Apologies if the answer to this is already in the encyclopaedia, I looked but I couldn't find it.
    I'm just wondering how >20GHz sources work. I know they use crystal oscillators as reference, which oscillate at ~6GHz, but how is that reference then used to create other frequencies? and in particular, how do they make them go to >20GHz?
    And I guess this will become clear from the previous answers, but why does the cost of the sources increase exponentially with bandwidth?
  • UnknownEditor

    This topic has not been dealt with very well on Microwaves101, our apologies! People tend to write textbooks about what they know, and I never really had to work on a source.

    Modern sources use voltage controlled oscillators and phase-locked loops, with the output usually below 6 GHz. Then, mixers, multipliers or other nonlinear devices are used to achieve higher frequencies.

    Bandwidth in a VCO is limited, maybe an octave. So for wideband, you will need more than one VCO, or more than one multipler, and then somehow mux it all together. Here's an example from Analog Devices


    I am hopeful that someone smarter than I will add to this answer!

    Steve (the Unknown Editor)
  • JPD
    Thanks Steve! That was very useful.
    I have a follow-up question that you might also be able to help me with. I've been looking at frequency synthesizers and noticed that some of them have phase control with >1 degree resolution. How is this done? I understand that these synthesizers use PLL to get their phase reference, but how does one then change the relative phase at the output?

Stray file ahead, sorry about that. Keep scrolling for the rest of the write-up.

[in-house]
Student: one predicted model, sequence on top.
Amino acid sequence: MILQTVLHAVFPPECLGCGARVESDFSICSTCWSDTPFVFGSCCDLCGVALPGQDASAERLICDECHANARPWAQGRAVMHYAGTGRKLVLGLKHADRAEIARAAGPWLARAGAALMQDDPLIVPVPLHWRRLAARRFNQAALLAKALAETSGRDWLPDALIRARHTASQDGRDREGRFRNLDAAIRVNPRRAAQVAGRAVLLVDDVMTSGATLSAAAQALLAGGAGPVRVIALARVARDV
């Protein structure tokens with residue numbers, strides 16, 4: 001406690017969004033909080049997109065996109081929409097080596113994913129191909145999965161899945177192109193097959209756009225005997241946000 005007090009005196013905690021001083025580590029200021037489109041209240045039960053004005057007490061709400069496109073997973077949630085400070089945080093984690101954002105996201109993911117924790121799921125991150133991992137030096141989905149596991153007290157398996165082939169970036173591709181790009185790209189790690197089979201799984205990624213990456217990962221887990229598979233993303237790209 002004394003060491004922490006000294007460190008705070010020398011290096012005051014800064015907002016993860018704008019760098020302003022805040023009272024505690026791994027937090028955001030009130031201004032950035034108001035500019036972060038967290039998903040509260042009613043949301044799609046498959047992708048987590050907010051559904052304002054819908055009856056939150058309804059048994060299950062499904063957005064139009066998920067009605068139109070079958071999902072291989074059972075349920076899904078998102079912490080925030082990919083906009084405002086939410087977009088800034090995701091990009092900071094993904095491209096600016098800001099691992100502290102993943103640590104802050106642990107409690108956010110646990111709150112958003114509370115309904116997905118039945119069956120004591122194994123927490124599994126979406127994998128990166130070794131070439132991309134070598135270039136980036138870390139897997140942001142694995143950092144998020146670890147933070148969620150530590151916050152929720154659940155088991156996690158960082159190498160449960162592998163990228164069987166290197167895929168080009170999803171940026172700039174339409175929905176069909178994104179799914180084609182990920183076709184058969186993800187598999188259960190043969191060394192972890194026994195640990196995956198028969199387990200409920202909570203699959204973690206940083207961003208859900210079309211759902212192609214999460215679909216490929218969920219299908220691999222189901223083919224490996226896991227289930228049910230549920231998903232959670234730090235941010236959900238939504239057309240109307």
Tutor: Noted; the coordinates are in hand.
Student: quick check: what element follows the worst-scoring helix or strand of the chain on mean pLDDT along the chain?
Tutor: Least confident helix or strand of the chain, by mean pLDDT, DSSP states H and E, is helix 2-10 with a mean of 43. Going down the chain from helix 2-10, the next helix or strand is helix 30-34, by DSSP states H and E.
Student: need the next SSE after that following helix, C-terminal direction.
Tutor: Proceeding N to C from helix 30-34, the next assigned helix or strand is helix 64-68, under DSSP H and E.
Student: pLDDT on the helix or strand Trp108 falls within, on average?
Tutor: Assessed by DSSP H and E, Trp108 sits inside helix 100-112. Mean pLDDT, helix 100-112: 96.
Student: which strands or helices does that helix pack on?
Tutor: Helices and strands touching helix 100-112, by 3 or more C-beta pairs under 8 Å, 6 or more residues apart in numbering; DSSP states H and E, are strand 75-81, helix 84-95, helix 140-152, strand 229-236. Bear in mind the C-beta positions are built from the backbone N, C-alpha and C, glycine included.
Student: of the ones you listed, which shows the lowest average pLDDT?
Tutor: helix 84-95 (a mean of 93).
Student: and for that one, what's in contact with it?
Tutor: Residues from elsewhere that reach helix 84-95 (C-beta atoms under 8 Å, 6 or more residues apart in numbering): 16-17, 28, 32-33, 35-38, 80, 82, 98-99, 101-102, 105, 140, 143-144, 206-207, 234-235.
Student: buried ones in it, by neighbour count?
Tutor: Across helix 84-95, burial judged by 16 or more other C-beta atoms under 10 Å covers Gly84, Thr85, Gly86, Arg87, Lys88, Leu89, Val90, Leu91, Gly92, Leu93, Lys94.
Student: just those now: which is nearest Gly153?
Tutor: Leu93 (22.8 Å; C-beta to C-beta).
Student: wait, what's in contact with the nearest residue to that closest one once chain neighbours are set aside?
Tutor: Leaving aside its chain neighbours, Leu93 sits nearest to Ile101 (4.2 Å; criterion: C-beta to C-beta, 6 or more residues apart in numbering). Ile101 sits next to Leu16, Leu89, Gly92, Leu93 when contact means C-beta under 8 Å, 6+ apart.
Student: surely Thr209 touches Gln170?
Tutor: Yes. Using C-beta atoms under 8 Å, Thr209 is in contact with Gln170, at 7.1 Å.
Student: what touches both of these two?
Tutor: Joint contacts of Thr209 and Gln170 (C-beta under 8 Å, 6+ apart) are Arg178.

• UnknownEditor
    We are going to need some expert help here... I have exhausted my limited knowledge of sources. My guess is that this is done in the digital domain, it would be hard to maintain 1 degree resolution using analog networks.

    Where are all the smart people out there when you need them....

  • JPD
    Hahaha thanks
    Indeed I also thought it needed to be done digitally, but even then, if you naively think about digitally shifting a 10 GHz waveform by 1 degree, it would imply that you need 3.6 TSa/s sampling rate!
    I spoke to Yu Gao, a tech rep from Anapico about this, and he explained that the trick is not to shift the signal directly in time, but to just change the amplitudes of your digitised waveform, so that you get the shifted signals. With ~10 bits of resolution in the amplitude, then it is more straightforward to get the tiny phase resolution.
  • Gugeta
    PLL to get their phase reference, but how does one then change.
  • william552
    The first and most obvious way in which they differ is that they use different technologies to heat up the deep skin tissues. academic writing help HIFU delivers more precise and more intense fractional ultrasound energy while RF is based on a bulk heating strategy.
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